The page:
Considering that Millar is a guy who's not afraid to jump over the edge and drag the edge along with him (review, The Unfunnies #2), my first reaction to Chosen was to assume that it was going to haul Christianity around the mat and maybe hammer on a couple pile-drivers for good measure. Imagine my surprise when I discovered that Millar was calling this his version of the next book to come after the New Testament (or Return of the Jedi, as he puts it in the comic, comparing Star Wars and The Empire Strikes Back to the Old and New Testaments respectively).
Chosen is about Jodie Christianson, a preteen who discovers he's the second coming of Jesus. After a semi-truck falls on him in the first issue, and he walks away unscathed, Jodie begins to suspect, along with others, that he is in fact the modern incarnation of Jesus Christ, come again to settle the events foretold in the biblical Book of Revelations. Mutually persecuted and worshipped by members of his community, this second issue (of three) depicts Jodie testing the limits of his powers, sort of like a kid who has just discovered he has the ability to fly. The book asks the question, what might you do if you suddenly found out you were God's only son, come again to bring about the resurrection of the dead and the entrance for all into eternal life?
The answer is neither as interesting or as dull as you might hope or expect. Jodie frankly doesn't do very much at all here, adopting a restrained quasi-stoic position which sees him hand out medical miracles, stare longingly (but not very lustily) at his early teenage neighbor through her window as she changes at night, take a beating from the son of the man who crashed his semi on top of Jodie last issue, cure the man -- near death -- in the hospital, and pull some emotionally troubling details about a local priest-turned-unbeliever's background into the open. The issue ends with the line: "And if those fabled pearly gates were really out there…could Satan and his antichrist be far behind?"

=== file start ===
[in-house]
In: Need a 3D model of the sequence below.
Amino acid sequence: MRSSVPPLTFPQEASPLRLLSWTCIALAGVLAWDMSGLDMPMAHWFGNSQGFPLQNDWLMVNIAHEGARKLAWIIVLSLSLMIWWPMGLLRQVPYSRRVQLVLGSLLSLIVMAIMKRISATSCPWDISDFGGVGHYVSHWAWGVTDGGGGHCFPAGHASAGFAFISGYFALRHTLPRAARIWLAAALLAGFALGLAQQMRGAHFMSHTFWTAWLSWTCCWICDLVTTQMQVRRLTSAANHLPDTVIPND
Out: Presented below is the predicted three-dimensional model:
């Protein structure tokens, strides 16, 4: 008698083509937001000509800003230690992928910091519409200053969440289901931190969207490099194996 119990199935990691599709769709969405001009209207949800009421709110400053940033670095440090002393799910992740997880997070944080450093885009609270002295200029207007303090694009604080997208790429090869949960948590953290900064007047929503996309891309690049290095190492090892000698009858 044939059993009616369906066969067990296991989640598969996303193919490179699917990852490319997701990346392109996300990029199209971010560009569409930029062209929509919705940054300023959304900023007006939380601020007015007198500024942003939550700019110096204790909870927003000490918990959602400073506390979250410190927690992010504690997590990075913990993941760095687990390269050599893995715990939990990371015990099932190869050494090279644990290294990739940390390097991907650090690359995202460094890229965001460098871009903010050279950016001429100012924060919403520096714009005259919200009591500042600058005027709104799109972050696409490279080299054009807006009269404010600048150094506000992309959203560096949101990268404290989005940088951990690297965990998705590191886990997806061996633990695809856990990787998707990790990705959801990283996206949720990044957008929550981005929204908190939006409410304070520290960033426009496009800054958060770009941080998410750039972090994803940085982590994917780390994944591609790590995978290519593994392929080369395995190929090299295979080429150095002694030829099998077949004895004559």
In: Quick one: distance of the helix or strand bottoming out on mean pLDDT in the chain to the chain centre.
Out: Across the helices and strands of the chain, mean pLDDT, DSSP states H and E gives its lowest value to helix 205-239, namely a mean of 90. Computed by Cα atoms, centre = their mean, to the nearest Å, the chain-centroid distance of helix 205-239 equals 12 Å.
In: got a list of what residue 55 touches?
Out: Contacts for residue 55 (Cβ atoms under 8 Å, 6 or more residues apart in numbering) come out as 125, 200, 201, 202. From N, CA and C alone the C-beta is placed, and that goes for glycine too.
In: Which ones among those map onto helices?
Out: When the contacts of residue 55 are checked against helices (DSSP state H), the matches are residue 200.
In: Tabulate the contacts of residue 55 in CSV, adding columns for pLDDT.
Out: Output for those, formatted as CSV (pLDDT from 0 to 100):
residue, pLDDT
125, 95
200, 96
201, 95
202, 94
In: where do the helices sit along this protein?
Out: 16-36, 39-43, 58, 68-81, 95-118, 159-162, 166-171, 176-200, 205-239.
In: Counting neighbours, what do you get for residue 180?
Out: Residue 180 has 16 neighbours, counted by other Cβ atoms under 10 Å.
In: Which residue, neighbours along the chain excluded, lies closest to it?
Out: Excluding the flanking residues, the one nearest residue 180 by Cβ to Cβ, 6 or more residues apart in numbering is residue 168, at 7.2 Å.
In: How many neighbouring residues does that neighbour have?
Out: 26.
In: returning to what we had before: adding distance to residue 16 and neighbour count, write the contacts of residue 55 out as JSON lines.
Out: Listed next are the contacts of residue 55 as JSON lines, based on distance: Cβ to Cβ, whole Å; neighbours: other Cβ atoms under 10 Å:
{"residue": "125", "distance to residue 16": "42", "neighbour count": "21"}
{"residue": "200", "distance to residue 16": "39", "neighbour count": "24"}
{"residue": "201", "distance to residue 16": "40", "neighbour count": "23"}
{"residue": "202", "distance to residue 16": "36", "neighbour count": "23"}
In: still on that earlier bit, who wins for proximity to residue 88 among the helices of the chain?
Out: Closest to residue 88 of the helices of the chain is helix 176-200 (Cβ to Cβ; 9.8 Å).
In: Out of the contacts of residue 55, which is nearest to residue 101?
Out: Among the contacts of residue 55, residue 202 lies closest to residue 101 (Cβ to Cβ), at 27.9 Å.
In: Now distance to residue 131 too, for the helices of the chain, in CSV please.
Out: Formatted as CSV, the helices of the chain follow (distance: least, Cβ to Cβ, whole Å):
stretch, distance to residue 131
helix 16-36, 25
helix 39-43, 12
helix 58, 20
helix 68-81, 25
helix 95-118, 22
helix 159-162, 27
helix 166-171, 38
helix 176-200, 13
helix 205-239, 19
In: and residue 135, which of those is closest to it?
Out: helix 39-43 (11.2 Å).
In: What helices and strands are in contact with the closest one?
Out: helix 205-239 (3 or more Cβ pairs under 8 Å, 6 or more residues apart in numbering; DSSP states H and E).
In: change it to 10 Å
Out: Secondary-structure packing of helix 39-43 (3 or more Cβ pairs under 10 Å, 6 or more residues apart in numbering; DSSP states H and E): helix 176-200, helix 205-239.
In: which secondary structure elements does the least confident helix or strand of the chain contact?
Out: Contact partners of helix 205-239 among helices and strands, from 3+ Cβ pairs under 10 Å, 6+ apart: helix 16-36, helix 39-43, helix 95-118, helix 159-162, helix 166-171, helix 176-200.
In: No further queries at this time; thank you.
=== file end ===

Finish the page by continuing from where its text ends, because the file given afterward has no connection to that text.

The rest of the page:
How Millar's going to pull this into a complete tale in just one more issue remains to be seen, but I'm concerned after seeing a handful of contemporary "Jodie-grown-up" pages (the story of Jodie's youth is actually narrated by his present self, grown to adulthood, about to leave on a plane for Israel after attending to his disciples) that the last issue may turn out to be a fast-paced apocalyptic wrap-up that will be jarring after the first two issues' "Stand By Me meets The Seventh Sign" theme and pacing. Let's hope not, as the slower character-focused pace of the first two issues almost demands an anti-climactic ending to work consistently at this point.
The thing that really stands out about Chosen is Peter Gross's artwork paired to the best coloring by Jeanne McGee that I've seen with Peter's art (Books of Magic, Lucifer) ever. Peter's humans are frail exclamation points, thin legs that expand upward to form wider bodies and ever-so-slender arms and hands. He also manages to elicit complex emotions from his characters facial expressions and poises with a minimalist's eye, drawing to the strengths of the medium and focusing our attention on the thing he most wants to communicate, be it the way someone hunches menacingly, or the lamb-like gaze cast by one of the children questioning Jodie about his new powers in the schoolyard.
Books about Jesus that aren't busy deconstructing him are usually found in Christian book stores, written by evangelicals, and probably as worth of your time as watching Jimmy Swaggart and tithing. While it's not as thought-provoking as I'd hoped, it's also better in many ways than I'd dreaded. Whether you consider yourself religious, it's definitely worth a look, though the first issue has reportedly long since sold out. There's enough fill-in here, though, that starting with the second issue won't leave you completely lost, if you don't want to hold out for the collected edition.